I had one of my two go-to race breakfasts, opting for the double serving of oatmeal with brown sugar. The forecast had been for rain and a high of 10 celsius all week, so my weather expectations were low. But, I prepped by wearing a compression liner and a t-shirt and ended up not being too warm, though I could have managed with just the tee. The rain never materialized but the temperature forecast was correct and it was only about 8 celsius at 9am.
I got downtown around 8:10 and parked near Main and Terminal, taking an easy warmup run of about 3.8k to my yellow corral at Burrard and Georgia. This was the long route, as I figured I’d hit JJ Beans in Olympic Village for a final washroom break and, thus, ended up running to the start over the Cambie bridge.
The start line was its usual gong show, taking a good 10 minutes to edge to mid-crowd from the fence. The elites were off a little after 9 and the race started for the rest of us at 9:09 (Garmin time).
The first 2.5 kilometres down Georgia, jutting onto Denman and kissing Stanley Park before doing a sharp turn back along Beach toward the Burrard Bridge, was the usual sea of humanity. Particularly as you’re doing the Denman to Beach leg, the road here simply isn’t large enough for the volume of people. It’s really just survival mode, as you dodge and weave, trying desperately to find some open pavement. That really doesn’t happen until Beach, though. Oddly enough, the first 3km were my best.
As I hit Beach I realized my legs were feeling a bit of Saturday’s easy road ride. They weren’t a huge factor, but they just didn’t have a lot of spring. That certainly didn’t help me in the middle of the race. Looping up Hornby onto Burrard Bridge and slightly uphill on the first part of the bridge deck, the 5k point comes. I’d begun to slow down heading toward Burrard and as I crossed it and made my way to west 4th/6th Avenue via 1st and Fir, I really lagged from the 4-7km point. I’d averaged a 4:02 through 3k, but for the next 4k I’d average 4:20/km.
While I never got back to a 4:02 pace, over the final 3km, I picked things up a bit, averaging 4:13, which was ultimately what Garmin/Strava said I did for the whole run. Coming down west 4th, I must have gotten a little life in the legs as my final split of 4:08 showed no fatigue coming up the ramp onto the Cambie Bridge, unlike the previous climb to Burrard.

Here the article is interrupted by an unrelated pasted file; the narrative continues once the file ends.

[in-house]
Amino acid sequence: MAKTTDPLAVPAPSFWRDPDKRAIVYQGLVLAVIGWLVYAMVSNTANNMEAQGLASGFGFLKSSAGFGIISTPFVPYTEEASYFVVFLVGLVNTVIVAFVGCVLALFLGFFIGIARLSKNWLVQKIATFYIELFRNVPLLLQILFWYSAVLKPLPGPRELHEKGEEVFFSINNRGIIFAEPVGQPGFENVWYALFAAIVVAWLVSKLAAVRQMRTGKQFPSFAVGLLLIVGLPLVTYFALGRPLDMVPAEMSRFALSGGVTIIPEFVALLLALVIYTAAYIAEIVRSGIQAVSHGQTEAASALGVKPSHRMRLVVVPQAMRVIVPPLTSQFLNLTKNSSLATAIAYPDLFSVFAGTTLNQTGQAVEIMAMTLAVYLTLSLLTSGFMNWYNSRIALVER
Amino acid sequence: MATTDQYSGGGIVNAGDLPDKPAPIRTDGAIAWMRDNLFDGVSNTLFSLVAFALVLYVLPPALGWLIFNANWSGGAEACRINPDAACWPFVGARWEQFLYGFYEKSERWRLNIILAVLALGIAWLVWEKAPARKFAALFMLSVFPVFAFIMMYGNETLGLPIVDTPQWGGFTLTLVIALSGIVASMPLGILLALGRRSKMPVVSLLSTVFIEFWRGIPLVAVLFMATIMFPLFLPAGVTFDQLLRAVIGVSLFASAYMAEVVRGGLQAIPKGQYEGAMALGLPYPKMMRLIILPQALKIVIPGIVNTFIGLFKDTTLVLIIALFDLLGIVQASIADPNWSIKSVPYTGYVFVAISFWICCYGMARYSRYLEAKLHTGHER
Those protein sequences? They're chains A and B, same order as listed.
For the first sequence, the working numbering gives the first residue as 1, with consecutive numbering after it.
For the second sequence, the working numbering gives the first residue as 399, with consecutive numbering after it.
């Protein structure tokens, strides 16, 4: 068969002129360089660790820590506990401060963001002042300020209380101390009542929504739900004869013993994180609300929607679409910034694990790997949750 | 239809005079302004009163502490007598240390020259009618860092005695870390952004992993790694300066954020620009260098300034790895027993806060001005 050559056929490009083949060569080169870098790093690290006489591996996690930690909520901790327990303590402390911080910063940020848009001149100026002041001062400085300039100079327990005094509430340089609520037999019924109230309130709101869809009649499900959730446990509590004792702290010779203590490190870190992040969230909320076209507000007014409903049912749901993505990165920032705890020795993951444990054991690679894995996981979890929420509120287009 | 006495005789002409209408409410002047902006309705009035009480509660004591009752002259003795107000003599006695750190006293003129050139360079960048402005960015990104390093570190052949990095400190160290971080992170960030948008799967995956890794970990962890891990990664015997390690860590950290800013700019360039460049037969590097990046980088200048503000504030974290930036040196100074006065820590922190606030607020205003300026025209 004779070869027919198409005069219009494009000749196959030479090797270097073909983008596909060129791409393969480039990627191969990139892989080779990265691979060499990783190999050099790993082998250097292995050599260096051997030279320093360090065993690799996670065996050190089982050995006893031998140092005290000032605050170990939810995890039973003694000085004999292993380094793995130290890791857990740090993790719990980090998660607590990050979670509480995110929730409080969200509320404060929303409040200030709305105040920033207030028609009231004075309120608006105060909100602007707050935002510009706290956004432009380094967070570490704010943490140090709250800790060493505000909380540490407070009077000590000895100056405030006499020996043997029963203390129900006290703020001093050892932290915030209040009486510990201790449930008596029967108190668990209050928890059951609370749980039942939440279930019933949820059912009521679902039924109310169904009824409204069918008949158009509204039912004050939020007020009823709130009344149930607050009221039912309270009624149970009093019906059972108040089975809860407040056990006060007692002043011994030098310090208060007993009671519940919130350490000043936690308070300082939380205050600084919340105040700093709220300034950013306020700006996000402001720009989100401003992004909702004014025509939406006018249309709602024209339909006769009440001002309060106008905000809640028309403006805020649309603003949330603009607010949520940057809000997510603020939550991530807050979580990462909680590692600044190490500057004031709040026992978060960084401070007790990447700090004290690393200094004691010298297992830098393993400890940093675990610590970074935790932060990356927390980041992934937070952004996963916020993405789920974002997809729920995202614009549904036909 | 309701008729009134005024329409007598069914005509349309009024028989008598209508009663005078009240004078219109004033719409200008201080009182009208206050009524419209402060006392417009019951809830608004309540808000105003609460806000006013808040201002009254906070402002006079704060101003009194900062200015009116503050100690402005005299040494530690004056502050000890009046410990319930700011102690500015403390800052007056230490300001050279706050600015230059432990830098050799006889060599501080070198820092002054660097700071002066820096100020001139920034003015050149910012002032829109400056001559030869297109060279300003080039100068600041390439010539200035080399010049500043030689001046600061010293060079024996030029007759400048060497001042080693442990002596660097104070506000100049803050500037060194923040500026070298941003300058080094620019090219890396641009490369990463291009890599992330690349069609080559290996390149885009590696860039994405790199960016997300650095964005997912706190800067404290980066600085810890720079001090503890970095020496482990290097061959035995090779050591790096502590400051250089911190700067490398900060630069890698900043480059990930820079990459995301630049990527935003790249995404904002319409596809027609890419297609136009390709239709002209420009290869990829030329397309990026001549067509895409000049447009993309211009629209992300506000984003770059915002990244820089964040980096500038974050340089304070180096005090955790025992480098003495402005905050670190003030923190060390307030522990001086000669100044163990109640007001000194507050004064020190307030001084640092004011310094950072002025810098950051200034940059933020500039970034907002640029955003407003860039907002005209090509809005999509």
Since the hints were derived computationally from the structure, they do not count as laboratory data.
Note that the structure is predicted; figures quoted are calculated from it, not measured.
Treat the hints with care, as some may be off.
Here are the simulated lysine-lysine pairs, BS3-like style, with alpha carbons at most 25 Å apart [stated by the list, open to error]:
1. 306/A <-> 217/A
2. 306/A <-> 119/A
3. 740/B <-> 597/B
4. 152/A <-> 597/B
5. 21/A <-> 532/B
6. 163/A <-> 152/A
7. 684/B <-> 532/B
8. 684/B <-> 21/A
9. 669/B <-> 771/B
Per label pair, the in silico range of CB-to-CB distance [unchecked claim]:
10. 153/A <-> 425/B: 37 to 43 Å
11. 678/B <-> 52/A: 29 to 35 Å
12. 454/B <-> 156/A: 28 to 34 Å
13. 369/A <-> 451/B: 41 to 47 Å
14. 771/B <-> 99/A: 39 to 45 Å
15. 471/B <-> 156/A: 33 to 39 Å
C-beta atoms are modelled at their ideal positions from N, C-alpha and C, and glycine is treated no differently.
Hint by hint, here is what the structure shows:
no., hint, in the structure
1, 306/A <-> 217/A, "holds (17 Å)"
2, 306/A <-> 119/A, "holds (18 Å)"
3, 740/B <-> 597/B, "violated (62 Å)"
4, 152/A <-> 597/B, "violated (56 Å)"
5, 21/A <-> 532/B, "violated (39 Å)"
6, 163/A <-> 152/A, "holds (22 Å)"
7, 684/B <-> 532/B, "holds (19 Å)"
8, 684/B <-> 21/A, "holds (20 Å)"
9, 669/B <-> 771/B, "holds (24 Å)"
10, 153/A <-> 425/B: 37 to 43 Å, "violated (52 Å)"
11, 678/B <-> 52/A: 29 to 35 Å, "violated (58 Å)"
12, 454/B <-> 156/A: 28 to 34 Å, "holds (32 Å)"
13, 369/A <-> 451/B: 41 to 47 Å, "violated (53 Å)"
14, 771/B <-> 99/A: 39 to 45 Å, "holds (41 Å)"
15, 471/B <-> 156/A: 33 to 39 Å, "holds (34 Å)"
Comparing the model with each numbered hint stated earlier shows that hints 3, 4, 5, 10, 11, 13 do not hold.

In the end, I was 41/1546 for my M45-49 AG in an official time of 42:32. I guess top 3% in my AG is OK, considering my past few years.
Evaluating where I am
I have no further running race commitments at this point, though I’m giving some thought to the Iron Knee 25k trail run in May. I’ve got a lot of cycling coming up in preparation for the Victoria 270k Granfondo, so I’d probably find both the riding and running would suffer if I was trying to prepare for running events, too. While I wish I hadn’t pulled out of the First Half in February, I’ve at least got a gauge at 5, 10 and 15k this year. I’m getting fit again for sure and have seen some improvements over the sporadic racing of the past four seasons.
What’s clear is that, while I’m doing speedwork and hills and getting faster, I haven’t yet translated that to finding my racing ‘gear’ again. At present there’s really no difference between a good tempo run and a race for me, pace-wise. I can’t quite hold the faster tempos. I’d also like to gauge my performance on a smaller 10k right now, as I’ve generally found the Sun Run to be 1-2 minutes slower for me, than a smaller race. I’m nowhere near my PB days of 38-ish 10k times, but I’m pretty sure a good, smaller race for me could be in the 40-41 minute range right now.
Why I won’t be back
This was probably my fifth(?) time doing the Sun Run, but only the fourth that I have information about, and it’s unquestionably my last time. I’m pretty sure I did it in 1998 or 1999, but I know I did the 2000, 2008 and 2010 events. I said the same thing when I captained a second corporate team for BCIT in 2010, but decided to do it on a whim this year, mostly for a 10k event gauge. I now recall with more clarity being dismayed in 2010 and why I vowed never again then.
Don’t get me wrong. I think a massive community event that gives many people a reason to train and be active is a very good thing. The success of the Sun Run over its 30 year history is truly remarkable. That’s in large part why I led a SportMedBC InTraining clinic in 2012 (but didn’t do it because of severe foot nerve issues). I like the rationale behind it.
However, with the growth of the event to 50,000+ participants, has come some significant racing pains. When you cram that many people onto Georgia Street, you know it’s going to take a while to get everyone going. If you get far enough back in the corrals, particularly in the white or purple sections, you’ve likely got a wait of an hour plus just to cross the start line. While those runners have estimated they’ll be well over an hour to complete, it’s a shame it may take them as long to get to the start as it does to do the run.
While some of that is unavoidable with an event of this size, the total lack of corral entry control coupled with rampant over-zealous finishing time estimation adds significantly to the problem. I’m not sure race organizers would be willing to become stringent about verifying qualifying times, but a lot more effort could be put into ensuring people start in the correct corral.
For me, though, regardless of the main cause or any possible solution, it is simply too big and too crowded and takes far too long to thin out enough to really race.